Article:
Orinoco Reserves Could be the Worlds Largest

abarrelfullabarrelfull wrote on 25 Jan 2010 09:23
Tags: heavy oil orinoco reserves venezuela

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In a move likely to cause sleepless nights in Caracus, The U.S. Geological Survey has reassessed the size of recoverable reserves in Venezuela's Orinoco Belt, and pronounced them much bigger than before.

The U.S. Geological Survey estimated a mean volume of 513 billion barrels of technically recoverable heavy oil in the Orinoco Oil Belt Assessment Unit of the East Venezuela Basin Province; the range is 380 to 652 billion barrels. The Orinoco Oil Belt Assessment Unit thus contains one of the largest recoverable oil accumulations in the world.

The reserves have not been exploited, originally due to their uneconomic nature. High oil prices combined with improving technology have changed the landscape however, and Venezuela is trying to put them back in play.

Heavy oil technology has developed massively in recent years.

Recovery factor, or that percentage of the OOIP that is determined to be technically recoverable, was estimated from what is currently known of the technology for recovery of heavy oil in the Orinoco Oil Belt AU and in other areas, particularly California, west Texas, and western Canada.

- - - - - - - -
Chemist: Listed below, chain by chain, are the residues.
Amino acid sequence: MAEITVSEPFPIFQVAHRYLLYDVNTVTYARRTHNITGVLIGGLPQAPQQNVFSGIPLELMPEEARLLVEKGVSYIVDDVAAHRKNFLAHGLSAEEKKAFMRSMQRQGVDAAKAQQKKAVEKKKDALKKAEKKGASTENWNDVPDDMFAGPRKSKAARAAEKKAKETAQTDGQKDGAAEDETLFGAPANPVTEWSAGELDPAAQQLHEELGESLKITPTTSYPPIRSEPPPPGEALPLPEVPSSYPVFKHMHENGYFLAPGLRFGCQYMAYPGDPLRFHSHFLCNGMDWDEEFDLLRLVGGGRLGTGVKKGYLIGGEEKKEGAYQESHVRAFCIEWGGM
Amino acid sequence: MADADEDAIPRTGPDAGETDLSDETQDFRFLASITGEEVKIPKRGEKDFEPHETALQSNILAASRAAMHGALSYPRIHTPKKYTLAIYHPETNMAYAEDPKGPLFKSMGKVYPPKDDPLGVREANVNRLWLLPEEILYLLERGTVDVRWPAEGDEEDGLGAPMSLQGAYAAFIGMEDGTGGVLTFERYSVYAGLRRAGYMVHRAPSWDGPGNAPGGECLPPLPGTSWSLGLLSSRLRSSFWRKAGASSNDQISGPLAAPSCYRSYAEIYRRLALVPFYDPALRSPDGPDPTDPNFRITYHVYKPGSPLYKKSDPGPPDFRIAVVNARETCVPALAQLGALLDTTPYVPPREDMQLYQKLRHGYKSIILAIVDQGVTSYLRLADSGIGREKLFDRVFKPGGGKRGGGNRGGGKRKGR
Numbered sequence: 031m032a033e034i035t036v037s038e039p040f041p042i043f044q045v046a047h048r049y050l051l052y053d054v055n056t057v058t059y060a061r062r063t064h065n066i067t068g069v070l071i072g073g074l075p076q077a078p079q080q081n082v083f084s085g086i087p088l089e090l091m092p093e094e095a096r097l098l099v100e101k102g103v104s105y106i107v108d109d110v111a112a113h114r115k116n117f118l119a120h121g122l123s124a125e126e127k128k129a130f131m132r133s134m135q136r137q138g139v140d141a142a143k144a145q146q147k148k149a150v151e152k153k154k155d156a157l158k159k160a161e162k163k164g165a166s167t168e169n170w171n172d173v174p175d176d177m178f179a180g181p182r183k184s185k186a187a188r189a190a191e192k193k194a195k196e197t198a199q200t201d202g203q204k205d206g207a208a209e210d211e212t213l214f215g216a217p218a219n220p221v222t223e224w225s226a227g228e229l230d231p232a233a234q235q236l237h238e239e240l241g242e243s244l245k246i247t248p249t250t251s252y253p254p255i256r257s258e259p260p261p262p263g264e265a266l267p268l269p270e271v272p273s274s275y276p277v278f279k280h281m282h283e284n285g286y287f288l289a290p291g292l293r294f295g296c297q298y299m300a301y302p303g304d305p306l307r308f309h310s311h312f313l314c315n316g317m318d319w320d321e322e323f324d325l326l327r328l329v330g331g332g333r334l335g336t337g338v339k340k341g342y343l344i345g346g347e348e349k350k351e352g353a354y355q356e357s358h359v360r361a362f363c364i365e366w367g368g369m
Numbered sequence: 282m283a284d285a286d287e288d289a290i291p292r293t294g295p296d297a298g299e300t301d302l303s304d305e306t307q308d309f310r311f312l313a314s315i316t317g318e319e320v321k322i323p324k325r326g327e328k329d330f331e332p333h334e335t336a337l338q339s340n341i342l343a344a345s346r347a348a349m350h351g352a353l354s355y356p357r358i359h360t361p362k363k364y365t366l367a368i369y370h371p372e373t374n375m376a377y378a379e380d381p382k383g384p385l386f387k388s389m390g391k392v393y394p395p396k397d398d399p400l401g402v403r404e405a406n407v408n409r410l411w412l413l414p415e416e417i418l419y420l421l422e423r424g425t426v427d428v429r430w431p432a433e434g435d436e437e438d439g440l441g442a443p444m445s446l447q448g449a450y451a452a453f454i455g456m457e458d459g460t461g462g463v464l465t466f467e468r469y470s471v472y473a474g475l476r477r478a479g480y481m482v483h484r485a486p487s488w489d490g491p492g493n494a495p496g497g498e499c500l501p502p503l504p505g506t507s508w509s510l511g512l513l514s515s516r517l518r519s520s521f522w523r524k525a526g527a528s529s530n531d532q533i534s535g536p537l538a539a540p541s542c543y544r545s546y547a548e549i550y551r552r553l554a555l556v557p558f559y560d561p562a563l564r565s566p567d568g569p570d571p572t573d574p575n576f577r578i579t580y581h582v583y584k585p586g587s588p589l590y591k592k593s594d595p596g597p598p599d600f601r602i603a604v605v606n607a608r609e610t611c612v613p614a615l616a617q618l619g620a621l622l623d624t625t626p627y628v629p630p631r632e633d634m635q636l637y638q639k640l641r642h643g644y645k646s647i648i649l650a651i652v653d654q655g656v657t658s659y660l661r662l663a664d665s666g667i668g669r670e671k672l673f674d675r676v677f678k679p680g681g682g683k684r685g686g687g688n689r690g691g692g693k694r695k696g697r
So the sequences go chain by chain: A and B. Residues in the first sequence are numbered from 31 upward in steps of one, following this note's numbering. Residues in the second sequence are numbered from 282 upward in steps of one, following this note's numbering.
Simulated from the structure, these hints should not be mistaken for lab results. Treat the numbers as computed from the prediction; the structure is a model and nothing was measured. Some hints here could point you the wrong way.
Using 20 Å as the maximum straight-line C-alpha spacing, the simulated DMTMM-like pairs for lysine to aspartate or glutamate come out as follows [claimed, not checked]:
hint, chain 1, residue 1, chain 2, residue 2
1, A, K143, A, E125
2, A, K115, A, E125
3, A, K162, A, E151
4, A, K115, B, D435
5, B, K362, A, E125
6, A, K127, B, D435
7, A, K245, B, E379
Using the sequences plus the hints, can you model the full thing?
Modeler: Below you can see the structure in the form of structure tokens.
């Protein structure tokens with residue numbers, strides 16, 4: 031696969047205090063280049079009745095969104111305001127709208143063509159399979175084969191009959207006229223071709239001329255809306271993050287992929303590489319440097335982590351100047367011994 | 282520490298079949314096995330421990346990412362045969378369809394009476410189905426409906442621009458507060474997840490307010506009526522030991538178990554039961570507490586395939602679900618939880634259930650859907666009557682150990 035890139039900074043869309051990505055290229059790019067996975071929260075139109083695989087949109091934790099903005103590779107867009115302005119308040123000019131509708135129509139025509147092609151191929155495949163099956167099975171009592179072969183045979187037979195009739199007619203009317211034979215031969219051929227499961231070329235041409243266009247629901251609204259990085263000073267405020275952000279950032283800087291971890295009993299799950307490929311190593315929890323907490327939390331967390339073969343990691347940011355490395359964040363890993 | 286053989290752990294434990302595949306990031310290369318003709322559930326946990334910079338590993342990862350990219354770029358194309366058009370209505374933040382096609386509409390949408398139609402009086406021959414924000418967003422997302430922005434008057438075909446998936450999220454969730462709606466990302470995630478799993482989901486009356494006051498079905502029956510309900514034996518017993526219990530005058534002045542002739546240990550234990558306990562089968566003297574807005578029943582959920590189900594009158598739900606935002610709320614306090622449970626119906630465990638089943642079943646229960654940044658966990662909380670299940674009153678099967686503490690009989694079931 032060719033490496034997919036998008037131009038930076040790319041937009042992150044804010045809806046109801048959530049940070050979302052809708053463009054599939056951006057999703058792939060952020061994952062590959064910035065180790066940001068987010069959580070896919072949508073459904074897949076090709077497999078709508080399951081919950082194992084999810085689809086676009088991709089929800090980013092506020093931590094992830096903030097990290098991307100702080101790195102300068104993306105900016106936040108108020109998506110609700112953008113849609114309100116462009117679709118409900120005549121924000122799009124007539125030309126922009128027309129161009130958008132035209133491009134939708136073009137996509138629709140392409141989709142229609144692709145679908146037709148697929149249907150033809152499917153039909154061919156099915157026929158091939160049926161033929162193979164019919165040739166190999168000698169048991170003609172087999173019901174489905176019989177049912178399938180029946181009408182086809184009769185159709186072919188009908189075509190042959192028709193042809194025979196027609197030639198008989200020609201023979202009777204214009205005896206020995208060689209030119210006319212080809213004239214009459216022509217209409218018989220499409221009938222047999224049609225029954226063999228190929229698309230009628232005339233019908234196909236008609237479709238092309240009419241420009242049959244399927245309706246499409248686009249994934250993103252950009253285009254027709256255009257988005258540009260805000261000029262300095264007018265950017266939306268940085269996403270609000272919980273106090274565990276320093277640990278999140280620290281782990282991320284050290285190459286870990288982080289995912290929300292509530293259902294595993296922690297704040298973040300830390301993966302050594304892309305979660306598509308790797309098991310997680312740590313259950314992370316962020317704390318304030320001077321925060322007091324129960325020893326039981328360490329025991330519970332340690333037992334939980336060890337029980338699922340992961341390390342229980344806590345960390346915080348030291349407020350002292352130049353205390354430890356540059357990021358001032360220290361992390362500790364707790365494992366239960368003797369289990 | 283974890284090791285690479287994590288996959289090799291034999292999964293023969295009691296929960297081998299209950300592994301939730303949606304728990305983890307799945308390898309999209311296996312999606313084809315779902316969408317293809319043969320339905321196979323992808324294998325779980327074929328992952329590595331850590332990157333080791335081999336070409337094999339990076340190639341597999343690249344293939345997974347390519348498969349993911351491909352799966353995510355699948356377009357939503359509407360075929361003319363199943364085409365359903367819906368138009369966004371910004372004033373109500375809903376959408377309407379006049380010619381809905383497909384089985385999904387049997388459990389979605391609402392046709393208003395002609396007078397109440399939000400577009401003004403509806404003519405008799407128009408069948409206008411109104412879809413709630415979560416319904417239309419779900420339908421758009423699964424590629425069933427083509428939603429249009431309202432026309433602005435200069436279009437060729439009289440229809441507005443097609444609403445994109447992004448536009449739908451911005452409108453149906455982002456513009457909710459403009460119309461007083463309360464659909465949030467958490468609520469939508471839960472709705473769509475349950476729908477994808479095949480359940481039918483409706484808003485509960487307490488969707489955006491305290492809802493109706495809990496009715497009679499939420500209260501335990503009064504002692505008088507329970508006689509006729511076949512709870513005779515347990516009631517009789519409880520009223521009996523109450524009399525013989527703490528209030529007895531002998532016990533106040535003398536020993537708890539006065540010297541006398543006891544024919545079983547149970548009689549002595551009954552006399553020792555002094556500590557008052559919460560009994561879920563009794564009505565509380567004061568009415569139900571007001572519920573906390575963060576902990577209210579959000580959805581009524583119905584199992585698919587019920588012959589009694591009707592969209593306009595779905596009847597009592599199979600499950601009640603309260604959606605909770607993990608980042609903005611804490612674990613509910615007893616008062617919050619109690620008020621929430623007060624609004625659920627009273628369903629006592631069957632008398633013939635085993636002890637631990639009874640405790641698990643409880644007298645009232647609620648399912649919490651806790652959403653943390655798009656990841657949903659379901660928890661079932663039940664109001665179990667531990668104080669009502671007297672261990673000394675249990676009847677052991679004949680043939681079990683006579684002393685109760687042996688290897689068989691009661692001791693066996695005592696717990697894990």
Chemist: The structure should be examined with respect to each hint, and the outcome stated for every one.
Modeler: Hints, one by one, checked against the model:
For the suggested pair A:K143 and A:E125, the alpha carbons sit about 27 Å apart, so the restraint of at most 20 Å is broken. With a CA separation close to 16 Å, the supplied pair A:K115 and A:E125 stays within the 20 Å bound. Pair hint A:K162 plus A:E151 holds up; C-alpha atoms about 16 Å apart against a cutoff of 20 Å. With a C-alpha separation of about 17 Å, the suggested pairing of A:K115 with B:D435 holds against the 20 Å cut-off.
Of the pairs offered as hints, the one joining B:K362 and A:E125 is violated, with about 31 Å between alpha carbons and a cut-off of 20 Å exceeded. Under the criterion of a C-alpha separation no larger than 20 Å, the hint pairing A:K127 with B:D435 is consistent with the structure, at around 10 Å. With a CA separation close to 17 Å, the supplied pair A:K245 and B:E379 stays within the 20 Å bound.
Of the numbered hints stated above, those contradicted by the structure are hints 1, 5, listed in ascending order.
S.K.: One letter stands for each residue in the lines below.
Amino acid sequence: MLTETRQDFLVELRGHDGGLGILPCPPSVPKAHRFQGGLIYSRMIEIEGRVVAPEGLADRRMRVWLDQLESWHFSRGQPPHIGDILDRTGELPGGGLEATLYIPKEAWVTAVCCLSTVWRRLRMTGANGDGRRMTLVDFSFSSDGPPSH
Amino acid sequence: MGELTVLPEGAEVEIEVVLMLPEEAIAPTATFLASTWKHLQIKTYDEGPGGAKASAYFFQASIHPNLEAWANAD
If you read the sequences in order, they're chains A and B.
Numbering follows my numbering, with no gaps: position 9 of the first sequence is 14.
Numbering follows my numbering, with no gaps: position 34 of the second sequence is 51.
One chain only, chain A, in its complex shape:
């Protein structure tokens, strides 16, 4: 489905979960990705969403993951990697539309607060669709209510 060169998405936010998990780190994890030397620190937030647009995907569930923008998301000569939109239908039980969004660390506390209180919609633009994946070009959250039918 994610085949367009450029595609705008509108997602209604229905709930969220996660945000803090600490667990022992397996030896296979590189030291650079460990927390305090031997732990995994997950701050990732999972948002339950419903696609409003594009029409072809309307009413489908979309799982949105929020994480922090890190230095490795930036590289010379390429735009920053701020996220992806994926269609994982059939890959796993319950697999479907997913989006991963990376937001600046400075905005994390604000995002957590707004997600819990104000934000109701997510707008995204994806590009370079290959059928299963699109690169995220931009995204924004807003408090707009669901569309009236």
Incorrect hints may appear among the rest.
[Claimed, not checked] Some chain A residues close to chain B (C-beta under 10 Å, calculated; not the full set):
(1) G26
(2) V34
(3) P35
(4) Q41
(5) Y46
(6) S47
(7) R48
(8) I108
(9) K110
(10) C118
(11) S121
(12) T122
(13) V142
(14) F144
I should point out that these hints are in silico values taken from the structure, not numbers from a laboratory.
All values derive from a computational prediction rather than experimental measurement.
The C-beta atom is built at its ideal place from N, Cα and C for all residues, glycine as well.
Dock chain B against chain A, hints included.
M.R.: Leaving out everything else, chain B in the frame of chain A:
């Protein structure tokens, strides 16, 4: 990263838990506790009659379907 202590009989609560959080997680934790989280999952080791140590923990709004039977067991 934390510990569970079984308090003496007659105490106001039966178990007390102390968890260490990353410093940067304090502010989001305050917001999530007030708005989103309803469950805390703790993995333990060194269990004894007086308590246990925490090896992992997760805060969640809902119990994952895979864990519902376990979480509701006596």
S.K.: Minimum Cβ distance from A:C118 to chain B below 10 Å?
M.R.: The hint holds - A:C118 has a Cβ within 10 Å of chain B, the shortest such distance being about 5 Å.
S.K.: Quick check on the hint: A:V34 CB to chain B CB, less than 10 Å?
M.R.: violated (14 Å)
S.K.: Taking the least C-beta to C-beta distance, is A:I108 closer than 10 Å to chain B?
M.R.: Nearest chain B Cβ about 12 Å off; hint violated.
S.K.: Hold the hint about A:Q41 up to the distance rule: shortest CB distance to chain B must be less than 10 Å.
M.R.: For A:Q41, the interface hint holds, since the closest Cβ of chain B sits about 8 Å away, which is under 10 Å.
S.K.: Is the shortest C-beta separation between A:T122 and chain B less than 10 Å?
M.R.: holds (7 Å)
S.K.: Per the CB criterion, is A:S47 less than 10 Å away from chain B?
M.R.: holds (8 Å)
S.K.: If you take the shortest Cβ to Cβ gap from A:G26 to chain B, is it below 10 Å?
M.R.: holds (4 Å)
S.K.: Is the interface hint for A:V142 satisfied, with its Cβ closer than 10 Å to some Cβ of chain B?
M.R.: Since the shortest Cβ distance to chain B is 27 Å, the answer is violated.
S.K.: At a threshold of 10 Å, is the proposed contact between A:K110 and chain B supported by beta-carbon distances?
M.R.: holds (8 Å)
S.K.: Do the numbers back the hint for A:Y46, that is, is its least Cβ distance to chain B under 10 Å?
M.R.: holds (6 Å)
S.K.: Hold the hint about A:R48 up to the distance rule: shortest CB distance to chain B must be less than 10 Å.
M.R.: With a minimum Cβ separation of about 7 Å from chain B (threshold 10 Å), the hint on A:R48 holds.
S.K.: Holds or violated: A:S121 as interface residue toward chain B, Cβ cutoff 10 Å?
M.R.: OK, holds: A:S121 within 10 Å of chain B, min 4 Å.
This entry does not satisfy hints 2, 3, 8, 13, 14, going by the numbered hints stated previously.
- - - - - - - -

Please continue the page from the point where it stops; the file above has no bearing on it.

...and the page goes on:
As the recovery factor has gone up, so therefore have the size of the reserves.

The maximum recovery factor was estimated to be 70 percent, on the assumption that other recovery processes, in addition to horizontal drilling and steam-assisted gravity drainage, might eventually be applied on a large scale.

Once again, as if we needed reminding, reserves depend on technology as well as geology.

It is also a reminder that our future energy requirements depend on ever more difficult to recover crude. In such a market, technology leadership is where the money is. Its not what you have but what you can do with it that matters.


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